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Let $X$ be compact space and $f:X\rightarrow \mathbb{R}$ surjective function. Is $f$ continuous?

Im trying to prove it that it isn't continuous but I can't find the right example. So I tried:

Assume that $f$ is continuous. Then if $X$ is compact so $f(X)$ is. But since $f$ is surjective function, then $f(X)=\mathbb{R}$ and $\mathbb{R}$ is not compact. We get contradiction.

Am I thinking right? ( We consider $\mathbb{R}$ with natural topology)

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  • $\begingroup$ If you've covered that theorem, it's by far the easiest way to do it, yes. $\endgroup$ – Henno Brandsma Feb 2 '20 at 12:14
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You really only have one property of a continuous function: the preimage of an open set is an open set. You really only have one property of a compact set: any open cover is a finite subcover. This means we need to find some useful collection of open sets in $\Bbb{R}$ whose preimages are an open cover of $X$ and find a way that only finitely many of them cover $X$ contradicts surjectivity...

Suppose, for purpose of contradiction, $f$ is continuous. The preimage of every open set in $\Bbb{R}$ is open in $X$. For every $x \in X$, define the unit length open interval $$ U(x) = (f(x) - 1/2, f(x)+ 1/2) \subset \Bbb{R} $$ and note that $f(x) \in U(x)$. We have observed that $f^{-1}(U(x))$ is an open set in $X$. Since $f$ is a total function and each $x \in X$ satisfies $x \in f^{-1}(U(x))$, $\bigcup_{x \in X} f^{-1}(U(x))$ is an open cover of $X$. Since $X$ is compact this cover has a finite subcover. That is, there is an $S \subset X$ such that $|S|$ is finite and $\bigcup_{x \in S} f^{-1}(U(x)) = X$.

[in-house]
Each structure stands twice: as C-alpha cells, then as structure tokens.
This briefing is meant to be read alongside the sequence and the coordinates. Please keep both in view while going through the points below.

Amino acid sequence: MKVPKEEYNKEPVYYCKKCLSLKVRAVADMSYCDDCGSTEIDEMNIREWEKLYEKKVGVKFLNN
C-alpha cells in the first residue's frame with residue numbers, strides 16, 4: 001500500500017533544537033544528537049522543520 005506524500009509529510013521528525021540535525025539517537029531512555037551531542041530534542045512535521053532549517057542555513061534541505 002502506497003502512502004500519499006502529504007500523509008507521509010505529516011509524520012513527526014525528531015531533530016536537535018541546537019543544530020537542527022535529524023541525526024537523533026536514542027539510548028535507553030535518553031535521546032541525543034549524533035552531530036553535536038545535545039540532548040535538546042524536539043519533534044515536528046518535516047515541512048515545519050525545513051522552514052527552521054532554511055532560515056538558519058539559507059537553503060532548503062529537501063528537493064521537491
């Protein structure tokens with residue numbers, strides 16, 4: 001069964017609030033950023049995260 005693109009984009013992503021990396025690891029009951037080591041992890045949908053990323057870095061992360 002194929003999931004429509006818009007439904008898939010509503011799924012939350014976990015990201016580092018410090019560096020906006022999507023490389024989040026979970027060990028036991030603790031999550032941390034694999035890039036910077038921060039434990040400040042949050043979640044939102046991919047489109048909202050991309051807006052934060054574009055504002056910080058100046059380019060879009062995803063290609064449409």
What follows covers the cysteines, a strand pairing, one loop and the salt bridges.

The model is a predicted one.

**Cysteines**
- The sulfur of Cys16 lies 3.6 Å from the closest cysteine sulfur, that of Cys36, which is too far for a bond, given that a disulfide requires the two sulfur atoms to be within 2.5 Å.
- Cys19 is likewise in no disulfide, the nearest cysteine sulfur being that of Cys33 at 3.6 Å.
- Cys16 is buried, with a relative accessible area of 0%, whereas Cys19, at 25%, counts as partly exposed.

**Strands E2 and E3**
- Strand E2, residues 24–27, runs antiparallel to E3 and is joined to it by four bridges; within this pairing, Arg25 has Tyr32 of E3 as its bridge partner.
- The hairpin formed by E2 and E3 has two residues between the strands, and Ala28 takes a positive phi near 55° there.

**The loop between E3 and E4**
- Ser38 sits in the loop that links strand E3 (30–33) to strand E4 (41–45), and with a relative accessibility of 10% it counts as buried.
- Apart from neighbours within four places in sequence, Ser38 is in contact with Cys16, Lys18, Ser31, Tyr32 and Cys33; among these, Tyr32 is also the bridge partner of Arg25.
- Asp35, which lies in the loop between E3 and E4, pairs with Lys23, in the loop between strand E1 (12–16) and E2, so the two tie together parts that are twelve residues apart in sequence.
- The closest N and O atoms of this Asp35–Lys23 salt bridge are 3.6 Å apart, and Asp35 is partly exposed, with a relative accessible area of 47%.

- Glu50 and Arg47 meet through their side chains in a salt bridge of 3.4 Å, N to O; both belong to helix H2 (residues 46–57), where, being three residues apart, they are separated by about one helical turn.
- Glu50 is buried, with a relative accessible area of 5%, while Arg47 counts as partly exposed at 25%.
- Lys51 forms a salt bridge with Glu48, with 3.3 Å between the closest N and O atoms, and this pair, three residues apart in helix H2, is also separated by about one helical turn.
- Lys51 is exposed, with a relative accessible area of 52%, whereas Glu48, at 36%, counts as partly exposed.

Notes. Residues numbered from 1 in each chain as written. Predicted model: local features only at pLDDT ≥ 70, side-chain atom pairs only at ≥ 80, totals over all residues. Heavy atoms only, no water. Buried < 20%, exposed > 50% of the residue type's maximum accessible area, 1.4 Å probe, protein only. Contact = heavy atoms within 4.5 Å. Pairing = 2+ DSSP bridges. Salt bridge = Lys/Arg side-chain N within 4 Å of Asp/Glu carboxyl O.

Since $f$ is surjective, $$ f(X) = f\left( \bigcup_{x \in S} f^{-1}(U(x)) \right) = \Bbb{R} \text{.} $$ But $f\left( \bigcup_{x \in S} f^{-1}(U(x)) \right)$ is a union of a finite collection of unit length open intervals of $\Bbb{R}$. Since $\Bbb{R}$ cannot be covered by a finite collection of unit length intervals, we have our contradiction.

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If $f$ is surjective, and $X$ is compact, then $f$ is not continuous: Pick $x_n \in X$ such that $f(x_n)=n$ for all $n \in \Bbb N$. (Does not even use the full force of surjectivity, btu it's all we need.)

As $X$ is compact, there is a point $p \in X$ such that for every open neighbourhood $O$ of $p$, $N(O):=\{n \in \Bbb N: x_n \in O\}$ is infinite. (This is called a point of complete accumulation of $\{x_n: n \in \Bbb N\}$.)

(Proof sketch : if no such $p$ exists, every $x \in X$ has an open neighbourhood $O_x$ with $N(O_x)$ finite. Take a finite subcover of $\{O_x: x \in X\}$ to derive a contradiction.)

Now take an open interval neighbourhood $I=(f(p)- \frac12, f(p)+\frac12)$ of $f(p)$. If $f$ were continuous at $p$ we'd have an open neighbourhood $O$ of $p$ such that $f[O] \subseteq I$, but then, for each $n \in N(O)$, $n = f(x_n) \in I$ and so $I$ contains infinitely many integers but is only of length $1$, which is absurd.

So we've found a point of non-continuity of $f$.

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